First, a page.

Award winning writer Iain Sinclair gives a guest lecture at Lancaster University

With white hair, a tailored jacket and not a tremor of nerves, the award-winning British author Iain Sinclair met  Dr Brian Baker to discuss Sinclair’s work. Here are just a few fragments from the event at Lancaster University, October 2009.

Iain Sinclair: speaking on psychogeography and narrative in the noughties

Sinclair began by talking about the way his life developed after gaining critical acclaim with his novels and poetry, such as Lud Heat and the 1992 Encore award winner Downriver.

He said: “I once thought of my travels to universities as research for the books I was writing, now I see my research going towards the travelling. I’ve had only two days at home to write in over a year.

“One tries to get a sense of this time spent travelling up and down the country in a way that’s not altogether unlike travel writing – engaging on a series of trips, detouring and writing a story and making up elements. Each of the places in my book becomes a kind of novella. Each place is precious.

“I think we have gone beyond the idea of pure fiction and pure documentation. My writing is not quite a novel and not quite a kind of documentary. What it’s about is creating a personal system. It suggests if you don’t create your own system you’re living by the system of somebody else.

“I want to work in a different way to traditional authors. I will keep my notes. Sometimes I will write a one piece poem when I’m walking, including particular details and specifics of place. Sometimes it will be something longer.”

He then gave an explanation of one of Sinclair’s recent travels: “One of the suggested stops I visited was Milton Keynes. They have got lots of money for a new arts centre. There’s a massive place built for the arts but no content to go with it. The person with me was showing a film he had made by driving to Rugby. Rugby has become this huge retail park and distribution centre. He just fixed a camera on the side of the lorry and drove there. There were three people at his screening – one of them was the organiser, one was someone asking if I would come and give a lecture and the third was a runner who would run up the motorway until he was arrested. He had just taken a detour to find out what all the fuss was about.

“My book … is a kind of debate between critique and personal memory set inside a detective story. There was even a detective element to writing it. I know that there will always be books that have written what I want to write better than me. So I began my book by taking another that I admired and blacking out parts of the text to leave key phrases. This, although it worked a little like a conspiracy, revealed to me the framework and themes that I was trying to create in my own stories.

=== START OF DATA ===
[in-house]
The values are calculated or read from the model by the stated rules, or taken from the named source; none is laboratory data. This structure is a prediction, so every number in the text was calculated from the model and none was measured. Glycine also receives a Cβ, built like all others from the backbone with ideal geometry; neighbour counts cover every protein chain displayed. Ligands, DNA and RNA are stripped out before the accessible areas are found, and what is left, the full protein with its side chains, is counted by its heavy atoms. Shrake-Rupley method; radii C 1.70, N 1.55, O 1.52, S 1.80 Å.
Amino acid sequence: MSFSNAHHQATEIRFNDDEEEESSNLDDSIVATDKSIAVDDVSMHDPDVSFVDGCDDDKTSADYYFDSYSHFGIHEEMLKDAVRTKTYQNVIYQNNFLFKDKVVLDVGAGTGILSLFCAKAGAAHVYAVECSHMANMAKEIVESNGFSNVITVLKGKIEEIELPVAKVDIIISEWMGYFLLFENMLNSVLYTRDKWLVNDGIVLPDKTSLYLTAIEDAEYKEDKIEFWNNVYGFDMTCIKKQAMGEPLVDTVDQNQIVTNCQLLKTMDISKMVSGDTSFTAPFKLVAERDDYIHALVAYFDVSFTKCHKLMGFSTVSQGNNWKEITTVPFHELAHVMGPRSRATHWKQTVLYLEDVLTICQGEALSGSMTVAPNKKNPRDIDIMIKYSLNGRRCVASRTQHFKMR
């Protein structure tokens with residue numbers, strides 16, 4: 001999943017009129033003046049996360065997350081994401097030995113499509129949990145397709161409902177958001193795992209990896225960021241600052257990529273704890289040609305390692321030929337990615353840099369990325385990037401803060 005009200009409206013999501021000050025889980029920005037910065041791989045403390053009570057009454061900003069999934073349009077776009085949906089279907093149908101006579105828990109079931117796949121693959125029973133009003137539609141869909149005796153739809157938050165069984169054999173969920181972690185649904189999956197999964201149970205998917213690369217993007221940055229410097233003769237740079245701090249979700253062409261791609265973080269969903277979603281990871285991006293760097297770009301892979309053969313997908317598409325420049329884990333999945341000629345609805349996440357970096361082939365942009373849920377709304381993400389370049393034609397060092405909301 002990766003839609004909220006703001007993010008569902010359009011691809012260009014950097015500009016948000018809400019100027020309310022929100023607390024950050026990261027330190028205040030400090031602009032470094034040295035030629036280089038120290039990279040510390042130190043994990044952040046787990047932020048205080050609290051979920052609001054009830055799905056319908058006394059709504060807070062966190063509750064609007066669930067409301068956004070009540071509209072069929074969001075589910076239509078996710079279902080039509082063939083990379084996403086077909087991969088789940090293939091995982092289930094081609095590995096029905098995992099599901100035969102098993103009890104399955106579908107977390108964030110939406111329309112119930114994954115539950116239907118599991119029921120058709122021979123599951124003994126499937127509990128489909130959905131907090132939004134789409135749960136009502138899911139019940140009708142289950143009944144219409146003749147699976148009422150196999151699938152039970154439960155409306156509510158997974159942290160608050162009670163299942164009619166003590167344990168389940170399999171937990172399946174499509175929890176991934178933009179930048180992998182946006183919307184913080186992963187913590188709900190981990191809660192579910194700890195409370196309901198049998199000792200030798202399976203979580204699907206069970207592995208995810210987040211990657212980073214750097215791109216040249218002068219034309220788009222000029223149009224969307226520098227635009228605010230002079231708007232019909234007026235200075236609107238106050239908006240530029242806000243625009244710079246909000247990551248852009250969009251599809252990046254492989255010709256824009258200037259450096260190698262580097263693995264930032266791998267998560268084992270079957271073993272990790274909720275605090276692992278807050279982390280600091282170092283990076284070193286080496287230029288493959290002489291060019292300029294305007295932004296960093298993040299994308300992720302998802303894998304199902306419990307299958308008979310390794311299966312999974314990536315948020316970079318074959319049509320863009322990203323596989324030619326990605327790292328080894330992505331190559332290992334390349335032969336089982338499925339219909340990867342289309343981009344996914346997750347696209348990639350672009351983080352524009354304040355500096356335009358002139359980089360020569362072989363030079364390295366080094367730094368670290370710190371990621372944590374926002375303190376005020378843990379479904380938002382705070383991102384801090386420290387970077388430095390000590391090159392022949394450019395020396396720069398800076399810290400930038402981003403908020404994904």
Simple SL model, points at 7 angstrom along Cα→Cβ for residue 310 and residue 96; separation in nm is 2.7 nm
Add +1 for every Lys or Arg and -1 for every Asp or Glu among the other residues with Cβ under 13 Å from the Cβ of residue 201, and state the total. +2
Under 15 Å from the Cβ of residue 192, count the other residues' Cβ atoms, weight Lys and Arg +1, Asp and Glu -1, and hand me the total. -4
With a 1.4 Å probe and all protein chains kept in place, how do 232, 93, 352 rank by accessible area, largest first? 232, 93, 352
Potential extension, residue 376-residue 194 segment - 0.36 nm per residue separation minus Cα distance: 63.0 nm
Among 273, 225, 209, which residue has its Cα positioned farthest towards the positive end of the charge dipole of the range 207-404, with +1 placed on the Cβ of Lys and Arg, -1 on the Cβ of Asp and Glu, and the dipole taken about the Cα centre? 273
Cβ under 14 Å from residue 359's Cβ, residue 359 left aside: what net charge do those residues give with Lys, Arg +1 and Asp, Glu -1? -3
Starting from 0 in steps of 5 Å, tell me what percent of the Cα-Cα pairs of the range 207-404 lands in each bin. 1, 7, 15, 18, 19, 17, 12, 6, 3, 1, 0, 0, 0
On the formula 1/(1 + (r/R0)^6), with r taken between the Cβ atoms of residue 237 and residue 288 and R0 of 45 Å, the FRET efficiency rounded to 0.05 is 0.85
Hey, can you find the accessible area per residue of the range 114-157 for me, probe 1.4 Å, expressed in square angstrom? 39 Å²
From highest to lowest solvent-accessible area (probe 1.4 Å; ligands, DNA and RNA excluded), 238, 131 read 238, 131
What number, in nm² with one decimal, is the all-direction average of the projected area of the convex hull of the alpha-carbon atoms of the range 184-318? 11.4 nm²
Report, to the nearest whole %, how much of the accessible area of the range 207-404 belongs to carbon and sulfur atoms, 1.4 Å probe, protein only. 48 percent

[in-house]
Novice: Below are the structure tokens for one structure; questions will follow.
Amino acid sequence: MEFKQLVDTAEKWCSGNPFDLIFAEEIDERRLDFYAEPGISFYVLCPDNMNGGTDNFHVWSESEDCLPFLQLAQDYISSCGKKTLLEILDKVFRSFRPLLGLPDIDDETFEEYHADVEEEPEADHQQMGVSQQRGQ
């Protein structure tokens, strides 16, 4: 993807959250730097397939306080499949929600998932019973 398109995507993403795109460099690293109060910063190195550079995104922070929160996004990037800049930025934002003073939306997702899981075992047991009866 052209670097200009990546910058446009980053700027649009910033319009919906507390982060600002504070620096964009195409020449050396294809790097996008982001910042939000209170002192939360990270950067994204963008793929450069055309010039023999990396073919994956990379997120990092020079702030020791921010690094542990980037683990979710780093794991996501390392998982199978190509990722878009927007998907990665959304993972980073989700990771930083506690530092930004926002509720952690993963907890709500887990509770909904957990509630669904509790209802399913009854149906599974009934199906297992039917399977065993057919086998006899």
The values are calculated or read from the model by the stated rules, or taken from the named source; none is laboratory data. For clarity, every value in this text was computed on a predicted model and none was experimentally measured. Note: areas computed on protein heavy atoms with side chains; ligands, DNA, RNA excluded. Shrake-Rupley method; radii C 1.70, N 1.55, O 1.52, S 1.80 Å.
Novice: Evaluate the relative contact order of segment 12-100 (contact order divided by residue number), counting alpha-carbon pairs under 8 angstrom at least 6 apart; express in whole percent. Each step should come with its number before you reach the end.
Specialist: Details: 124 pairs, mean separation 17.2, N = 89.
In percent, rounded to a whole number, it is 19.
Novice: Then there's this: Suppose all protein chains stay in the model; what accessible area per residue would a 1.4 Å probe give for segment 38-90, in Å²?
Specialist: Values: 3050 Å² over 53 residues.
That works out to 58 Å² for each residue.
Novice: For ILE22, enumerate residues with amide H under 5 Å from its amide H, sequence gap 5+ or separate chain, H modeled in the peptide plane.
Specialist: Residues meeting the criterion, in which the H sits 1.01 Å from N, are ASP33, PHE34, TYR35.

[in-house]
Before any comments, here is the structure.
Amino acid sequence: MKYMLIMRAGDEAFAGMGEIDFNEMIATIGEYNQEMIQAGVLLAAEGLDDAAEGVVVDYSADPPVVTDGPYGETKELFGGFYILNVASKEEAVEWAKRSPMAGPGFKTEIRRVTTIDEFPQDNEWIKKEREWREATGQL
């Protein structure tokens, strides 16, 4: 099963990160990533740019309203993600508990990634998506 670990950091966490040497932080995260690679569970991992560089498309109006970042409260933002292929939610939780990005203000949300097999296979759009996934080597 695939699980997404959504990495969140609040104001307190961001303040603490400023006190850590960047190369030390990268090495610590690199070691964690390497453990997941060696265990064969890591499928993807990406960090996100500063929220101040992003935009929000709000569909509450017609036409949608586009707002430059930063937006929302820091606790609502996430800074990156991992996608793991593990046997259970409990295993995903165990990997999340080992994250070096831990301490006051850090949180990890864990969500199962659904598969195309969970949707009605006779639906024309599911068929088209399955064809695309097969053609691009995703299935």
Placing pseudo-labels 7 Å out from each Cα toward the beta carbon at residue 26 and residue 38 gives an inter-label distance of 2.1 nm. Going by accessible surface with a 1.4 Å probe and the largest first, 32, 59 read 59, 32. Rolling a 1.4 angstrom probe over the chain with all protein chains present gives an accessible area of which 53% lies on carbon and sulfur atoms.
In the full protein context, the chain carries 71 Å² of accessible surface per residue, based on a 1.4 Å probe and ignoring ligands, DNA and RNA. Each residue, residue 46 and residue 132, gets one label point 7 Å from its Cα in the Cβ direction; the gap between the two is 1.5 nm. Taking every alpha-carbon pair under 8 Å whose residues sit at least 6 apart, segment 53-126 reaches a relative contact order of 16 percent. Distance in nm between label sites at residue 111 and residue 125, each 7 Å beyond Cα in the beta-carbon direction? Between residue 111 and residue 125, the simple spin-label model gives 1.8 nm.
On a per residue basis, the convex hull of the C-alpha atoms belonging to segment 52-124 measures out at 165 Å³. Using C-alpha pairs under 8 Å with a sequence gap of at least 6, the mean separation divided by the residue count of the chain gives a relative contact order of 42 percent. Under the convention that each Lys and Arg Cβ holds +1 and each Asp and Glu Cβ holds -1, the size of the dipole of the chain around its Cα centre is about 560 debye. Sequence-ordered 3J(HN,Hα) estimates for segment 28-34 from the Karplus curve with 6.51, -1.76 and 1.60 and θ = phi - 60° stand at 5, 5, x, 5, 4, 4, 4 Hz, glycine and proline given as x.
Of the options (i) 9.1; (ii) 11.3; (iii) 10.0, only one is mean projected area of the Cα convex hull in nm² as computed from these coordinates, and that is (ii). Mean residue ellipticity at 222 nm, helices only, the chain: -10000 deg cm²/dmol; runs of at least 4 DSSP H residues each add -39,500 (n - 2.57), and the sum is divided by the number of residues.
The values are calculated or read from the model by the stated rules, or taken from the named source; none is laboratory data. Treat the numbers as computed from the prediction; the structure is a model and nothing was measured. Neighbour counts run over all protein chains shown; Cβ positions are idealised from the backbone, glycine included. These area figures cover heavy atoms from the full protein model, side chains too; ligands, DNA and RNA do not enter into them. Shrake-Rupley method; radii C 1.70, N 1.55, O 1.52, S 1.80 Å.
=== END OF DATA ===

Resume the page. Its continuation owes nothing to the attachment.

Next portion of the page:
“I believe that often what matters is what writers don’t say and what’s created there – that’s how books inspire us. Pull down a story and out come the perfect images – you get the impression of secret message beneath. But by taking another story as a base point for writing my own came risks and I had to be careful the stories did not double the worst elements of each other.

“My overriding theory is this – a culture xerox: Take anything successful and you can trace it back eight steps and find its routes spread in the architecture of the cultural and physical landscape. We have had this idea re-popularised for us recently in Dan Brown’s books – this idea that there is not sort of deep cultural memory which nobody remembers and it’s there – in the walls.”

Sinclair then spoke on the idea of walking as an art and the politics of walking. “Actively knowing a place before I begin a walk allows me to walk as a form of supping up a narrative. It allows time for a story and a shape to occur without the distraction of navigation. Often by walking the same journey you recognise and remember people – and a pattern and story evolves through this repetition.

“The idea of the politics of walking is an interesting one because it challenges a culture that’s often quite static. There are several jokes about the concept – for example, me and a friend said we should walk through Paris using a map of Venice.

“The is a difference between urban and rural walking for narrative purposes. Urban is always a kind of exorcism because we have to block stuff out because there are so many things happening in a city. It’s like warrior walking to get from one side to the other without being carried away on the tide.

“John Clare’s landscape was completely bereft of human inhabitants – nothing like the places I choose. You have to build your way out if you want abstraction from more industrial climates.”


One Response to “Award winning writer Iain Sinclair gives a guest lecture at Lancaster University”

  1. I passed on the link to Brian.

    What a marvellous thing is this shorthand (T-Line 120wpm).

    C xx

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